Brexit, lessons, post-Brexit


The wise had already prepared for Brexit, but dealing with the aftermath of the UK’s decision is now a reality

It is important for Irish businesses to look quickly at the opportunities that arise from Brexit and take advantage of them.

With regards to the financial services industry, in particular, the opportunities may be offset by the negative implications for Ireland as a result of the landmark decision. But there are indeed some opportunities, and they must be seized.

We worked with many of our financial services clients who reviewed strategy fundamentally in the run up to the Brexit vote. What emerged was that no matter how the Brexit vote had gone, some FS companies recognised that they had to make some changes in their operating model.

The City of London is, and has been for many years, the number one FS location globally.  It is unlikely to lose that status overnight despite the outcome. In the EU its nearest rivals are Dublin, Luxembourg, Frankfurt and Paris.

What has emerged during corporate strategy reviews envisaging a post Brexit planning scenario is that some FS companies realised that while they have a clear global operating model for determining where they locate certain core operations and financial products, a review of what activities were situated where resulted in identifying weaknesses in their strategy and an over reliance on the UK as the location of choice. Some companies had begun to look outside of London to diversify their location risk.  More will be doing so now.

In Ireland in the last few months, both Credit Suisse and Citibank have moved people and activity to Ireland to build out their global footprint here, while clearly still keeping a significant footprint in London. It is a case of creating options on locations, rather than “keeping all your eggs in one basket”.

Stress testing the global operating model and ensuring there is diversification is key. For example, it was noted in the HSBC Annual 2015 report that “We run internal stress tests and scenario analyses, including reverse stress tests, on our portfolios that take into account geopolitical scenarios such as conflicts in countries where we have a significant presence, or political developments that could disrupt our operations, including the potential effect of a UK exit on our business model”. With hindsight, such stress testing has proven to be very wise.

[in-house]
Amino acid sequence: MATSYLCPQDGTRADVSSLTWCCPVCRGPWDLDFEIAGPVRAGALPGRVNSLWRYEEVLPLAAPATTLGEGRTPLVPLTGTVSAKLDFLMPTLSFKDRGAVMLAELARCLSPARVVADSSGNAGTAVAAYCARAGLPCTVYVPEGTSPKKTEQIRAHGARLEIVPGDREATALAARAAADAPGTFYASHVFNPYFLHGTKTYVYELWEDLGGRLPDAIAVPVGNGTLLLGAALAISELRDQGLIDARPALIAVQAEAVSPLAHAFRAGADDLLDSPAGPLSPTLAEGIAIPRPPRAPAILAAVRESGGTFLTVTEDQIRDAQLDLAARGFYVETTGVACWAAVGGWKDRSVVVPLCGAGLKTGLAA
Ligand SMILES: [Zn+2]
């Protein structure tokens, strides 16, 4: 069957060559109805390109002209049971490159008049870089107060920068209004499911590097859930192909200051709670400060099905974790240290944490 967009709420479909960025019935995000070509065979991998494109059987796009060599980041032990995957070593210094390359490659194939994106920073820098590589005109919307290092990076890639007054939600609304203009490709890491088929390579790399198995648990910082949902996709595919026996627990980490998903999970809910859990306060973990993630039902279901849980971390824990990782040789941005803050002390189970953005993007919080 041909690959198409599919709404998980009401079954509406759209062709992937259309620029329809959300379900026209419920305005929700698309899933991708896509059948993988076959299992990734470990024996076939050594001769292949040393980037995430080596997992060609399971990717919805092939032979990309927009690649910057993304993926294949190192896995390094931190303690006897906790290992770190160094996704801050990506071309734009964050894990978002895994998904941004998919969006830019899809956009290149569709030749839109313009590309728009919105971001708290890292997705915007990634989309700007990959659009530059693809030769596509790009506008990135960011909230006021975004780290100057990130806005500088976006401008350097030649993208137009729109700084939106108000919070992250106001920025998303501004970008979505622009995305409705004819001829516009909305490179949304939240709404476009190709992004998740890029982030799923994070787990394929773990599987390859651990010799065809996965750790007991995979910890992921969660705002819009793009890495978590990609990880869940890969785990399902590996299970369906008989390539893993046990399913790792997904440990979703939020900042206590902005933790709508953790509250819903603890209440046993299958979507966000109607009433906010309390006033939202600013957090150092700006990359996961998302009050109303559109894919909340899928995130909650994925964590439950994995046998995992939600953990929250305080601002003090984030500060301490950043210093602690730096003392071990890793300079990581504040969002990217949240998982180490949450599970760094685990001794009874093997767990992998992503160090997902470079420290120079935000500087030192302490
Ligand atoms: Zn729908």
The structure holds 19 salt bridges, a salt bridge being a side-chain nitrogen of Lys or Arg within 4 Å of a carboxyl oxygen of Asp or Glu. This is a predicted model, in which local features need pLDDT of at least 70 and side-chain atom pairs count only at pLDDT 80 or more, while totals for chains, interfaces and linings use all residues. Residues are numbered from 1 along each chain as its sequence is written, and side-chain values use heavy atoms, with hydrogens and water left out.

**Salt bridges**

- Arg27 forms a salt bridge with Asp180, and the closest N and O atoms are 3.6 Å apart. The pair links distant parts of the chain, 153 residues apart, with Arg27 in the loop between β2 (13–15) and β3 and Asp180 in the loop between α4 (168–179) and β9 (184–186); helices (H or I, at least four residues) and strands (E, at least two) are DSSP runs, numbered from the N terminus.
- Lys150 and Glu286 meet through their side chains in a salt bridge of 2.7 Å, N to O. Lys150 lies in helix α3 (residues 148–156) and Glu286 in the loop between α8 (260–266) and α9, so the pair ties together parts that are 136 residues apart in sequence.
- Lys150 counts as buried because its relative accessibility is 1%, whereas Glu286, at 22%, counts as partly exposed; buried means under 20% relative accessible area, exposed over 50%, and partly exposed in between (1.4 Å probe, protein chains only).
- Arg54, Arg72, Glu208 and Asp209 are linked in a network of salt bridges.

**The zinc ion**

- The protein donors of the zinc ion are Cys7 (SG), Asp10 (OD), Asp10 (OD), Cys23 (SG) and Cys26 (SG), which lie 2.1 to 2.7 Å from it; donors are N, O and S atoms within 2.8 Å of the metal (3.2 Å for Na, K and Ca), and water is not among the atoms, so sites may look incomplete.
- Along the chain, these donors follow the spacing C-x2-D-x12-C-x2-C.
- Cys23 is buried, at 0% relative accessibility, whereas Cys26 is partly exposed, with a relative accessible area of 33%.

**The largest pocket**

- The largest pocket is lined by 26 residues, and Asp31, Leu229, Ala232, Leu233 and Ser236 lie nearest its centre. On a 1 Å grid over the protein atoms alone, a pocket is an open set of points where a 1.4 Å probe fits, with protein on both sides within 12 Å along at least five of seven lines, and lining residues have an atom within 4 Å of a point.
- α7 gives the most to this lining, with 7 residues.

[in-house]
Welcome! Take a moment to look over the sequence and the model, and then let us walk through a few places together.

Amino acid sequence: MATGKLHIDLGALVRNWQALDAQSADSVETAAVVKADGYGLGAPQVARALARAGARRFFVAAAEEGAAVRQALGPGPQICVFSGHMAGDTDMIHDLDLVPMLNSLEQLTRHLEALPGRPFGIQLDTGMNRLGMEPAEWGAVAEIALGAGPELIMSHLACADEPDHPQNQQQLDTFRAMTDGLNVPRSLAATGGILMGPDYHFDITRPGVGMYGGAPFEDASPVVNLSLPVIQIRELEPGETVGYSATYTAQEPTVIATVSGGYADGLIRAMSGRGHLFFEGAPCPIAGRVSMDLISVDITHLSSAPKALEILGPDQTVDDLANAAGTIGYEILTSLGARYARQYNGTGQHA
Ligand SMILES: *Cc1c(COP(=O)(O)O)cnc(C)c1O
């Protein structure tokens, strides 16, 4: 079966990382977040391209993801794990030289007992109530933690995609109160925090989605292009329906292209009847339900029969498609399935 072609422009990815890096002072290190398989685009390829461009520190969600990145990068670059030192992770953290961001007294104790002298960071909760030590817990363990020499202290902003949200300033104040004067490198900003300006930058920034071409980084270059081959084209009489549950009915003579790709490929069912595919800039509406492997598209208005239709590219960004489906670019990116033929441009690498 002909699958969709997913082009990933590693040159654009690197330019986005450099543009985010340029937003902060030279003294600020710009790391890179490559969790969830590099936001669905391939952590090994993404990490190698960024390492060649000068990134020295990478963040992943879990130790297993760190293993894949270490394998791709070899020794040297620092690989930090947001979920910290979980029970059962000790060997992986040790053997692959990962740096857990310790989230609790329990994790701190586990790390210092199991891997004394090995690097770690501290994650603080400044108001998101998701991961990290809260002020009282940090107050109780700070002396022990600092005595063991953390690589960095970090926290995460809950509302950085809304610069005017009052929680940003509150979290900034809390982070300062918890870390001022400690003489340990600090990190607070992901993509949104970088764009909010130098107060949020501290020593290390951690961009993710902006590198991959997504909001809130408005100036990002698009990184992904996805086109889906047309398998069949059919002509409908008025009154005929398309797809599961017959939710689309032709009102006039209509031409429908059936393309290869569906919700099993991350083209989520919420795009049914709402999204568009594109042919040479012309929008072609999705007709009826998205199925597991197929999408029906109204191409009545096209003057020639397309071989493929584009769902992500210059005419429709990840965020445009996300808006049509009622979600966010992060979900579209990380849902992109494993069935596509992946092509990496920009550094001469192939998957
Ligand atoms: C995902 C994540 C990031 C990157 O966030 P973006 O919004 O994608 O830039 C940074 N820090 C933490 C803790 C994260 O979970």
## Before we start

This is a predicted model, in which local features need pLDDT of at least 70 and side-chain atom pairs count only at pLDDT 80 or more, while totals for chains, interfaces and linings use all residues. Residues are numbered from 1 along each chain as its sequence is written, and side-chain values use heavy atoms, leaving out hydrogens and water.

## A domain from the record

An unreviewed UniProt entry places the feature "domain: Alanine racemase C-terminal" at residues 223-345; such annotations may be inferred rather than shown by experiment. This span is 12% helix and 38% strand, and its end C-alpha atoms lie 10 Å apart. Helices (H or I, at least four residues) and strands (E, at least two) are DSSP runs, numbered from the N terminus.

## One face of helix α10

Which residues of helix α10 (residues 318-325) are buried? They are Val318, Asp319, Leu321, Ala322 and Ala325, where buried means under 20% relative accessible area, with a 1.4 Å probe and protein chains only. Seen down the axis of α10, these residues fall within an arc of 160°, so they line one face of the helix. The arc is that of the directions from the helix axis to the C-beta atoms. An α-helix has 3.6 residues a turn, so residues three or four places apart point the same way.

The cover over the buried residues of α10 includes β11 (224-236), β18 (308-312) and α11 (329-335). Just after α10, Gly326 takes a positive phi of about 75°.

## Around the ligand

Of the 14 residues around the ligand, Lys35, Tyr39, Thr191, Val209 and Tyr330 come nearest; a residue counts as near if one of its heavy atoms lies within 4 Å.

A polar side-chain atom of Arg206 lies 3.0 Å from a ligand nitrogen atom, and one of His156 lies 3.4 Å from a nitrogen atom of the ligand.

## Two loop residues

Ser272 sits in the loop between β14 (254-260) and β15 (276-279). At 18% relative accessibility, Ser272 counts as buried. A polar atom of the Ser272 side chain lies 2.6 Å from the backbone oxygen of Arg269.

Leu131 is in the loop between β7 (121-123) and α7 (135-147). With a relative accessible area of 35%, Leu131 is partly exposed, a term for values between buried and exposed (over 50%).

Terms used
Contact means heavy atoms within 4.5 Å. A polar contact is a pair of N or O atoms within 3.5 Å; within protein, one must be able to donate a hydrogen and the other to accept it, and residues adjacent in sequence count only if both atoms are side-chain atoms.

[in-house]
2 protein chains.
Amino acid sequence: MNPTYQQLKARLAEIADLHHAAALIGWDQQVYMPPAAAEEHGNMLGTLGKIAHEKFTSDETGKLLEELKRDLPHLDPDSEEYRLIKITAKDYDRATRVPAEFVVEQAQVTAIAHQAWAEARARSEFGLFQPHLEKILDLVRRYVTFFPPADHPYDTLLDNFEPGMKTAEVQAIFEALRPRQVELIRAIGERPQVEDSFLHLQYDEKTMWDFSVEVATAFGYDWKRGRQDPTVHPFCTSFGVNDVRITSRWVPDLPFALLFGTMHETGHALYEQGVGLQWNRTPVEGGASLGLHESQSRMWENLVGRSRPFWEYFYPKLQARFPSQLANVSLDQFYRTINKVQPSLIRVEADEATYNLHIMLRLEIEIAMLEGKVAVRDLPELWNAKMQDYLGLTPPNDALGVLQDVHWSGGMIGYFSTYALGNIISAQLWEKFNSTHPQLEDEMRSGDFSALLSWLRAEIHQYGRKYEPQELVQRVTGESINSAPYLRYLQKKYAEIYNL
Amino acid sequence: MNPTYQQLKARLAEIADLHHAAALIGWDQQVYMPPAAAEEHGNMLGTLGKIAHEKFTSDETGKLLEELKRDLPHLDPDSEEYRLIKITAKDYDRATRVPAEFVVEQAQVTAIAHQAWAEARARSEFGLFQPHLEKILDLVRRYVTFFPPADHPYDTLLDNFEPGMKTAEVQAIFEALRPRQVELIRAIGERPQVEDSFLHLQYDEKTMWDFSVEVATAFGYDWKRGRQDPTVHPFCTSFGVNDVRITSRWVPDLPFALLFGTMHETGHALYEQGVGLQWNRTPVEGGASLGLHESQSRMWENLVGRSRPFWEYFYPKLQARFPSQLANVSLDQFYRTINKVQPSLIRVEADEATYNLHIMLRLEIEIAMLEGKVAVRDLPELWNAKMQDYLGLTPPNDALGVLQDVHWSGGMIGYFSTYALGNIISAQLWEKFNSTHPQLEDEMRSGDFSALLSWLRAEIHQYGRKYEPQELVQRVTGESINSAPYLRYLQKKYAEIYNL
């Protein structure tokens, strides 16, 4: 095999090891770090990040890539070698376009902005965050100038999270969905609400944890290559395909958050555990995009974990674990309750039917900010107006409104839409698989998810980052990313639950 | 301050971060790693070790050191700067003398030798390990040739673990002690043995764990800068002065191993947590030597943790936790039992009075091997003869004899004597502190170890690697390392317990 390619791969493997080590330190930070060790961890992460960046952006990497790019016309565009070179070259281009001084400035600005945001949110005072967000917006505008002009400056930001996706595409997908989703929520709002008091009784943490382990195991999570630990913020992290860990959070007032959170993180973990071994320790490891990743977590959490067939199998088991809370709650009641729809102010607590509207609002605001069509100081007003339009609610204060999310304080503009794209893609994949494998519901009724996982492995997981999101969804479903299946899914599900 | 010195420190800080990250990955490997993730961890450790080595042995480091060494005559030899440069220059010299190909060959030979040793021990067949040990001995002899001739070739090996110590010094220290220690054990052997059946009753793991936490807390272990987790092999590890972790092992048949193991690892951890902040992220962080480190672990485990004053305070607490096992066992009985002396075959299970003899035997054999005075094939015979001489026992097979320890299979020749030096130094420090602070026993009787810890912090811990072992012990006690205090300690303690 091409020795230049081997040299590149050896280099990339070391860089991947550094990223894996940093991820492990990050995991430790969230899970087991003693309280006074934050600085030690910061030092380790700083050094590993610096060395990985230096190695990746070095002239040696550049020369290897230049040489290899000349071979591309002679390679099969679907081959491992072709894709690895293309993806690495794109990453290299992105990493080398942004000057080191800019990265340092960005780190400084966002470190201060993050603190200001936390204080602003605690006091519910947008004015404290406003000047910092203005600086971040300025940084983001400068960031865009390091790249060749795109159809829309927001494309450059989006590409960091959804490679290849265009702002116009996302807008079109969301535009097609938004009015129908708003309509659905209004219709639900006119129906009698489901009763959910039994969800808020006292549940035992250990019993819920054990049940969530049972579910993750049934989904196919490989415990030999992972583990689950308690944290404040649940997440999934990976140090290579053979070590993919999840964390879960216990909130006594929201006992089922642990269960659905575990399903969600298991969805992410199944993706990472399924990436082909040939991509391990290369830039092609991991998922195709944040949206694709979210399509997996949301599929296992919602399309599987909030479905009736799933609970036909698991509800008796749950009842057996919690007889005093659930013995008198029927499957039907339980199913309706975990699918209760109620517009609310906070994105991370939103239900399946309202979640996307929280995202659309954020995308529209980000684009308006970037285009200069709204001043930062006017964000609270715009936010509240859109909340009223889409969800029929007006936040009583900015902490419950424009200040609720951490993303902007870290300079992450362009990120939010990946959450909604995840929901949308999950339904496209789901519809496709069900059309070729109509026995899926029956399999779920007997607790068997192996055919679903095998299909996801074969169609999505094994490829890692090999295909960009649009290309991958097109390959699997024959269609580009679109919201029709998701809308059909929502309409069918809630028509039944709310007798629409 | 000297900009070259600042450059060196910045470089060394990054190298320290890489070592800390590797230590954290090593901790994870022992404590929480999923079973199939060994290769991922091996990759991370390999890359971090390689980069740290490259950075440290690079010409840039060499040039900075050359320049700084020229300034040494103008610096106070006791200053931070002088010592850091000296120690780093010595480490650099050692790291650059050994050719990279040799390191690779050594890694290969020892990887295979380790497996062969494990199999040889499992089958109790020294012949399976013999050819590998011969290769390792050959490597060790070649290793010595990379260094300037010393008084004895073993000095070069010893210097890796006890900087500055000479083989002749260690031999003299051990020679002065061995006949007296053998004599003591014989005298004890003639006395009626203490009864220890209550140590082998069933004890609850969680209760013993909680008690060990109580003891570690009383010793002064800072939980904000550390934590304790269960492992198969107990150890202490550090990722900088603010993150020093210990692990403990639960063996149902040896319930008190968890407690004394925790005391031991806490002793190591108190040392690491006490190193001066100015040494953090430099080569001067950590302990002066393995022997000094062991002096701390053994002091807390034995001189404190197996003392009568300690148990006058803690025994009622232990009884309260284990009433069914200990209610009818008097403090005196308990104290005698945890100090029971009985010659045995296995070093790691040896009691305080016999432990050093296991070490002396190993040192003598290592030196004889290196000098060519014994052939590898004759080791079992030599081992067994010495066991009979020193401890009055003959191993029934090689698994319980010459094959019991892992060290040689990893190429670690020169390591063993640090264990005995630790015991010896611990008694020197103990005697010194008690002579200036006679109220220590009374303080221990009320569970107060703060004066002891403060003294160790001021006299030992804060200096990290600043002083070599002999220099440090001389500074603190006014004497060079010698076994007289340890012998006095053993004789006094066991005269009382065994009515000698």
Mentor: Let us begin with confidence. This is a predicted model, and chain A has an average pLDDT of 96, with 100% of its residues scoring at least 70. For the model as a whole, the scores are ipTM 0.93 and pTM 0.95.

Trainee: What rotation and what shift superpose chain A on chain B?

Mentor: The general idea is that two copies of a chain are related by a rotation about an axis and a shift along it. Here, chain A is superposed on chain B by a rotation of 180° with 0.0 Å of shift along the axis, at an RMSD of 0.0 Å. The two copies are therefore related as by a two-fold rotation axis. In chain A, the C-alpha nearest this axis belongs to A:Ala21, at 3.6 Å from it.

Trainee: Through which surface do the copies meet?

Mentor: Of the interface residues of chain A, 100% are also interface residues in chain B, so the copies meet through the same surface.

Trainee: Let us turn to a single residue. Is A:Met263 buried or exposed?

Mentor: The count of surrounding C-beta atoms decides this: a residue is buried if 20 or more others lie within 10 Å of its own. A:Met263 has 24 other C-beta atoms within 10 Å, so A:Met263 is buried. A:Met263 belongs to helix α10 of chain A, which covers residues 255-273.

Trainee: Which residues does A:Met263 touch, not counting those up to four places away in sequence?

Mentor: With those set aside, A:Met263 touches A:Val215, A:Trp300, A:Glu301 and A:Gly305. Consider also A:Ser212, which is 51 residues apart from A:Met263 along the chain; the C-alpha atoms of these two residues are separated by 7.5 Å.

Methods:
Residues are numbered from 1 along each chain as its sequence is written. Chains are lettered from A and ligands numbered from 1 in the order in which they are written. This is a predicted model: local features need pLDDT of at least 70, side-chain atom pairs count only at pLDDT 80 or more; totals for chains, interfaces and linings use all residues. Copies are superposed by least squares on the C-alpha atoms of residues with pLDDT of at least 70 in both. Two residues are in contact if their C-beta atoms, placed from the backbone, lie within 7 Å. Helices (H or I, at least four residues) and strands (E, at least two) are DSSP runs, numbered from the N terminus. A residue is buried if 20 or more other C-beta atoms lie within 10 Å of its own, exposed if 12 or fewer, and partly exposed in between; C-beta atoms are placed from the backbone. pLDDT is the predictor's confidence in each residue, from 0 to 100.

EU Passport – access to the Single Market

A critical issue for FS companies is the ability to passport their operations from a regulatory perspective seamlessly from one EU location to another whether under EU regimes such as MiFiD, AIFMD, UCITS etc.  For example, being regulated as a Bank in the UK allows that bank to passport their banking activities into other EU countries without further regulatory authorisation procedures.  Therefore FS companies who only located their head office or their product platform in London for their insurance, banking or funds business, are now far more exposed than those who have a better diversification of their passporting activities across two or more EU locations.

For example, a company which has all of its investment fund products domiciled in the UK and currently sells those products across the EU under passporting, is today facing significant difficulties in future distribution of that fund product in the EU.

For that reason, many companies have already looked to see if they should broaden their product suite to include not just UK funds, but also Irish and Luxembourg funds (sometimes with similar investment strategies) to ensure diversification and avoid any disruption to their day to day business.